Saturday, 3 May 2008

disappointment

I really like my job. I'm starting to understand it better, I'm enjoying the work I'm doing, and the people there are great. But... well, there's always a but.

On Friday I was asked to sign another copy of my contract, as there had been a mistake on the original. I'd spotted and pointed out the mistake when I signed the first copy (the start date was 25 May instead of 25 April) so it was crossed out and corrected, and initialled by me, and by my manager, and by the General Manager - and I was told that would be fine. But the Personnel department have said that it needs to be re-signed. So I've been given a new, corrected, contract. However, on the original contract, there were a couple of points that weren't entirely clear. So before signing the new copy, I thought I should take the opportunity to ask some questions (which weren't things I'd thought it appropriate to ask during either of my interviews). And all of the answers I got were not the ones I wanted.

So, there are a few "problems", most of which have only just become apparent to me...

At my first interview I was told that I would have to work "some Saturdays". At my second interview I was told I would be working "Saturdays in the summer". According to my contract I work "6 days a week" (with no mention of summer/winter) - this is, in fact, the case. So the only time I have that is properly "free" is Saturday night and, having just worked 6 days in a row, I am basically too exhausted to do much other than come home and collapse! Most days I've been out of the house for about 11 hours - as well as working 8 hours a day (with an hour for lunch), and obviously getting there and back, I've also had to fit in everything else, like going shopping, and going to the bank, and, well, everything, really - because on Sundays, of course, almost everywhere is closed!

I wasn't told at either of the interviews that I wouldn't get public holidays off work. I didn't find this out until the day before I started - I was a bit surprised but, at the time, I didn't think about it too much. I started on Good Friday, when most of the people I know here were just starting a week's holiday (as Easter Monday and Tuesday, and Thursday 1 May, were public holidays too). So that was a little irritating, but I figured I'd already had a month "off", so what did a few days matter? Then I started thinking, but what happens at Christmas? So this was one of the things I asked. I was told that I could of course take time off at Christmas if I wanted to, but that it would come out of my annual leave allowance (and yes, that does include Christmas Day - unless it happens to fall on a Sunday!).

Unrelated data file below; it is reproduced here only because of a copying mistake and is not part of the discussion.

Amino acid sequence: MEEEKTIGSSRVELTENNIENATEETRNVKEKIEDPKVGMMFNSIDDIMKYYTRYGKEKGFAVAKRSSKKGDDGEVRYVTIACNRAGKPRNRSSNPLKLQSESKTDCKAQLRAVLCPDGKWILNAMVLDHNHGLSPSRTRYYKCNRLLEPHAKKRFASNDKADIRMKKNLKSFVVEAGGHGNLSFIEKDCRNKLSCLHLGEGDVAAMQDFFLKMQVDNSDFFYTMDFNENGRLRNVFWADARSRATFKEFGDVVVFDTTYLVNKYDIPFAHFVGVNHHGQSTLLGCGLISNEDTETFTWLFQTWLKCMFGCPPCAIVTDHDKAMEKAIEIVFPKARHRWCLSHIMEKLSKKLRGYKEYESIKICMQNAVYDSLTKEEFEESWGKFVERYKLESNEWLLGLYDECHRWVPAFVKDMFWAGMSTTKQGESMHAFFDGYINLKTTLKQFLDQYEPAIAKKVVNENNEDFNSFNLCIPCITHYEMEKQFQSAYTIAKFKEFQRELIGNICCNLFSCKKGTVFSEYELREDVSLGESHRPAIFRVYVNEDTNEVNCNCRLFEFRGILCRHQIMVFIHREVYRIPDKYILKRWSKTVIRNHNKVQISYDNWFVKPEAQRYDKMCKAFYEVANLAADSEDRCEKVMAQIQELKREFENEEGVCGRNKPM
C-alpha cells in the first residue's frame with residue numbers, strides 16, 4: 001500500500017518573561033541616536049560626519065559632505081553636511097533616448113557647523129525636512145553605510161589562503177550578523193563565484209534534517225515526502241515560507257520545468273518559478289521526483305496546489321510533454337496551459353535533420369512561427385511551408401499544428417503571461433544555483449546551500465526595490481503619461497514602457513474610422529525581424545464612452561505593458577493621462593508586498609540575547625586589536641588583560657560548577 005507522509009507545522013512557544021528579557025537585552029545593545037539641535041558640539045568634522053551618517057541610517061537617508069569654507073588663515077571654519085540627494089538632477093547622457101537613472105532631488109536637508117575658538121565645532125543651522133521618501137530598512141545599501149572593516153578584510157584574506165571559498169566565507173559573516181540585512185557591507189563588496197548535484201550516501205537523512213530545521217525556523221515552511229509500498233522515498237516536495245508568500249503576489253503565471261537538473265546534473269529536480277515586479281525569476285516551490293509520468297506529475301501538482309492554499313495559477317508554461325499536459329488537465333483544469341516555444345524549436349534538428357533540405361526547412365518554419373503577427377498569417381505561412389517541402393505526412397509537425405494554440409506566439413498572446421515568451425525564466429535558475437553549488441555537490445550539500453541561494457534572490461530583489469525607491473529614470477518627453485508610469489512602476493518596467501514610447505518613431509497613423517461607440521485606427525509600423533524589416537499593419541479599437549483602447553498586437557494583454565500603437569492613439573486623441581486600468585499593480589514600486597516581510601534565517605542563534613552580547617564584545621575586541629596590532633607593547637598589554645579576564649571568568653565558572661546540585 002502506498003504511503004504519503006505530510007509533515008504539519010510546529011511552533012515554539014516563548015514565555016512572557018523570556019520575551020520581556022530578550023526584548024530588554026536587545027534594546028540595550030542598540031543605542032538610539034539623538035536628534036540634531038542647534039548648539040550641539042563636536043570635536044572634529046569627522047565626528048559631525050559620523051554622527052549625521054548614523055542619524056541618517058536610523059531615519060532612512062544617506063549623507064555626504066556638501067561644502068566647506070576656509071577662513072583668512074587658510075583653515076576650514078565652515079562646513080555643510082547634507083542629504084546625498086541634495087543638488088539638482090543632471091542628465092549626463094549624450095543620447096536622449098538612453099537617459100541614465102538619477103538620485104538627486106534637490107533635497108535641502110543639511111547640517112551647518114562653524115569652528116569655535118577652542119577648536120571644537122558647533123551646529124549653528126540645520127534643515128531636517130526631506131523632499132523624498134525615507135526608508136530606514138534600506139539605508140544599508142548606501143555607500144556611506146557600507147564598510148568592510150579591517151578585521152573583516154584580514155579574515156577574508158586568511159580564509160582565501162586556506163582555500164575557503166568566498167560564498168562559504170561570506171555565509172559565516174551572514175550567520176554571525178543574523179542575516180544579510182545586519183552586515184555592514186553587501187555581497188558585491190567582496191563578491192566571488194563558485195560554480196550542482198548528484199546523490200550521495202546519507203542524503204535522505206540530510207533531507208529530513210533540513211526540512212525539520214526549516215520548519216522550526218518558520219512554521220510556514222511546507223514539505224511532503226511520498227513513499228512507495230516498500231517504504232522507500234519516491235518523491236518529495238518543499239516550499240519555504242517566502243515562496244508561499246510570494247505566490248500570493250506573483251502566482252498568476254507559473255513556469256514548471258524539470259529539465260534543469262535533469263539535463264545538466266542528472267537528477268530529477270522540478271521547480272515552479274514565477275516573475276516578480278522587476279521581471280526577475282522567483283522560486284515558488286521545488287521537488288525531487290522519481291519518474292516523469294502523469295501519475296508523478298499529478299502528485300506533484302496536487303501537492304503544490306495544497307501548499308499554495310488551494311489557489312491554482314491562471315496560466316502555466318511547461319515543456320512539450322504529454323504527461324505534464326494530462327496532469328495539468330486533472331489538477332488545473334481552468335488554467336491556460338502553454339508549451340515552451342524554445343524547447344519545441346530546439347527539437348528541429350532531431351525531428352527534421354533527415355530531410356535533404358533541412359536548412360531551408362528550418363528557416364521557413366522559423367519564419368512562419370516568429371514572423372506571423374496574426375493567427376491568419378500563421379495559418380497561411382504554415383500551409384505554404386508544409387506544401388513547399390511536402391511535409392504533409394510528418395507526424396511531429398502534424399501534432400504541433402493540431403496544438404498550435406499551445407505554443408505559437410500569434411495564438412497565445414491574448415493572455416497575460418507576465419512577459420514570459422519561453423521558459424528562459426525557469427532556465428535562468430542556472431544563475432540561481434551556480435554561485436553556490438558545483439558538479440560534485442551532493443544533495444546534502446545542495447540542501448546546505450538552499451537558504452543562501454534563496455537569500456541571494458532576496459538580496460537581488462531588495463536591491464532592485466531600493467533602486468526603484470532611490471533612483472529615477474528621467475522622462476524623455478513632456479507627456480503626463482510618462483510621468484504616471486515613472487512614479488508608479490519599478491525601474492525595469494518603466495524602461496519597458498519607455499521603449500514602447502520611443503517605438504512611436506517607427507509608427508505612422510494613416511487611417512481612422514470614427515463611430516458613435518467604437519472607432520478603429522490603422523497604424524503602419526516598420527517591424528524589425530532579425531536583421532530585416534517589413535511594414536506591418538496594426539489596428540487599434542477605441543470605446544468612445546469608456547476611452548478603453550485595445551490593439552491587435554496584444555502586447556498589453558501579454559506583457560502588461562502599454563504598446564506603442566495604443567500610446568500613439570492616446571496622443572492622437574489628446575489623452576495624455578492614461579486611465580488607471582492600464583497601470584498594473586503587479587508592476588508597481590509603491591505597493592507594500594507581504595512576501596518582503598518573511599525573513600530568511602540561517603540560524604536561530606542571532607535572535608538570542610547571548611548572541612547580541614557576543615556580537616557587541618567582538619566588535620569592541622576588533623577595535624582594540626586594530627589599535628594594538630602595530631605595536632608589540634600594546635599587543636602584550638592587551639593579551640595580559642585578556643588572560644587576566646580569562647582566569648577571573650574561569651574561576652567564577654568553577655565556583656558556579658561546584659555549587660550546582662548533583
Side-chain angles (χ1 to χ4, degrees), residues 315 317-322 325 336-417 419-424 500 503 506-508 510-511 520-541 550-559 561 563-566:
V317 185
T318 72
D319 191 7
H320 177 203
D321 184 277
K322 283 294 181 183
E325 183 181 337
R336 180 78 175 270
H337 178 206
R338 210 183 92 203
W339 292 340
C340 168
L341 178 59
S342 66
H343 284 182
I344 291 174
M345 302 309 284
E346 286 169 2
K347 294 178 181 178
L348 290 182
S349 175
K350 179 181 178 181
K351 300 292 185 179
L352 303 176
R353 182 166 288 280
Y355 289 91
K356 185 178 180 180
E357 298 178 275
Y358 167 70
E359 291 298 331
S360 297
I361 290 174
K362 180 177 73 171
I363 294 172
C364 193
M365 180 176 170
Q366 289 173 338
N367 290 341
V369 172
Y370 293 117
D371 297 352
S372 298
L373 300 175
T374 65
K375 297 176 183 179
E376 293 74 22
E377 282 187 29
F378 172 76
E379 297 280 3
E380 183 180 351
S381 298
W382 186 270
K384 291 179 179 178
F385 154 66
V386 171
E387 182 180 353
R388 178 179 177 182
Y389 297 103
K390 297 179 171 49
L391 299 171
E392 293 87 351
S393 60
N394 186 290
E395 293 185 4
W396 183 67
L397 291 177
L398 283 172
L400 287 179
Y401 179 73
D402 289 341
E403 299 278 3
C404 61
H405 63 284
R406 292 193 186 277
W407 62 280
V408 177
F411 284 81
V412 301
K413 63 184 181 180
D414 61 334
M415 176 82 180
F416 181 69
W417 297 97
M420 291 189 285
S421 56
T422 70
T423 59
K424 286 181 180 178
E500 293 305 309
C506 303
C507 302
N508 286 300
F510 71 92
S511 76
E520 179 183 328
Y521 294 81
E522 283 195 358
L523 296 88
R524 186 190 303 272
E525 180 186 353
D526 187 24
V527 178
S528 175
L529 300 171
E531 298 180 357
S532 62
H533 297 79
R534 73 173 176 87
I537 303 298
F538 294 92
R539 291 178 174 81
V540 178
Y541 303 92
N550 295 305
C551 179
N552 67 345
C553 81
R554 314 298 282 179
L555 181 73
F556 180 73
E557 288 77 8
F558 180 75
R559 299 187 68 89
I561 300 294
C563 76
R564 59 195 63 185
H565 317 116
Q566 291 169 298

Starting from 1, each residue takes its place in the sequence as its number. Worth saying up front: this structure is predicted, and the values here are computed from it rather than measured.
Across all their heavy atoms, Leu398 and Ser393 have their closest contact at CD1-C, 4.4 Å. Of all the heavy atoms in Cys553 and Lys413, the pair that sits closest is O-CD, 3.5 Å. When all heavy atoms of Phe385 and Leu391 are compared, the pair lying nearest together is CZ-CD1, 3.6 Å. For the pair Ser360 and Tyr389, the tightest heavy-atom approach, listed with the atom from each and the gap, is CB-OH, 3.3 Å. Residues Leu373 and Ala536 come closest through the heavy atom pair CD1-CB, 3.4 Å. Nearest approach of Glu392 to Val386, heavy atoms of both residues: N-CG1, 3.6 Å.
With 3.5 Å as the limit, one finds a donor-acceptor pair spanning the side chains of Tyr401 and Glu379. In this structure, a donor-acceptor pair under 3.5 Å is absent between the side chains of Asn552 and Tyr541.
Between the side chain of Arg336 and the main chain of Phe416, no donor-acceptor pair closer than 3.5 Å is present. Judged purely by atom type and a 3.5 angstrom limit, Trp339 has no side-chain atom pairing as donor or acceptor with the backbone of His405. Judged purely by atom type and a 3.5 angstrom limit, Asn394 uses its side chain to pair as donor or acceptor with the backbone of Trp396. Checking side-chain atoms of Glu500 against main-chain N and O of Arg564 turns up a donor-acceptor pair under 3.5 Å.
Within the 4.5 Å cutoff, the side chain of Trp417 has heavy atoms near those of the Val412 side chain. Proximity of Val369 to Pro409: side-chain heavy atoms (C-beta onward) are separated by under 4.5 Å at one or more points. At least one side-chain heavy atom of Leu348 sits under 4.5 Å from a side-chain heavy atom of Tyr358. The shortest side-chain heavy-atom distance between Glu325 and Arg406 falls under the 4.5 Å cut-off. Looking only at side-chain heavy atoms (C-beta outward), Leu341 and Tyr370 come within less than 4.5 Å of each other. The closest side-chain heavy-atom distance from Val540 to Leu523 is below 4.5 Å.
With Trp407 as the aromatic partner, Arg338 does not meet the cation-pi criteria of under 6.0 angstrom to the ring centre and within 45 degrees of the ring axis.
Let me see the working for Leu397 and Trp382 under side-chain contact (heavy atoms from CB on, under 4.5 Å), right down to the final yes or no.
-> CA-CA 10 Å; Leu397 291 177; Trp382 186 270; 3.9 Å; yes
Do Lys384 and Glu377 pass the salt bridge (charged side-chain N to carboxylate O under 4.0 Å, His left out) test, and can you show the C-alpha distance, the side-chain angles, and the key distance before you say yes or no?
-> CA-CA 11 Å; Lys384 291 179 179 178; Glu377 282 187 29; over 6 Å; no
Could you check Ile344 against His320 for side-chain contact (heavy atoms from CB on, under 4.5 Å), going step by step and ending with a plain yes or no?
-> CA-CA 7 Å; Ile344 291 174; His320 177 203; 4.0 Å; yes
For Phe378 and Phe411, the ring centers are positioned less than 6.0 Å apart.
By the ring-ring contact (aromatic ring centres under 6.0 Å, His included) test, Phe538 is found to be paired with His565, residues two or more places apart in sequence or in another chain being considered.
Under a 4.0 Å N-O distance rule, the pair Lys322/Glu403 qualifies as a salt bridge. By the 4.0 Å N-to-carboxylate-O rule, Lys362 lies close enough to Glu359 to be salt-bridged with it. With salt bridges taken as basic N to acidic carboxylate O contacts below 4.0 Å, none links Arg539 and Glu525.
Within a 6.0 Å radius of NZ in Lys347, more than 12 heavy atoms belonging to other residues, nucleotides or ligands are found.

So I asked a few more general questions about how this annual leave thing actually works. I get 24 days annual leave (based on a 6-day week, this is 4 weeks' holiday). I have to accrue this holiday before I can take it, i.e. I have to work a month before I am entitled to take 2 days off, therefore if I want to take a week (6 days) off, I have to have worked 3 months. I can't (or at least it is "expected" that I don't) take any holiday during the Summer (April/May to September/October) - especially in August, which is the hotel's busiest month. I could "perhaps" take a "long weekend" (i.e. what I would think of as a normal weekend), but any more than this would be "frowned upon". It was "suggested" that I should save my annual leave for the winter, as the hotel is likely to be closing at some point for refurbishment, and therefore there won't be any work for me to do then anyway. Which seems a bit unfair.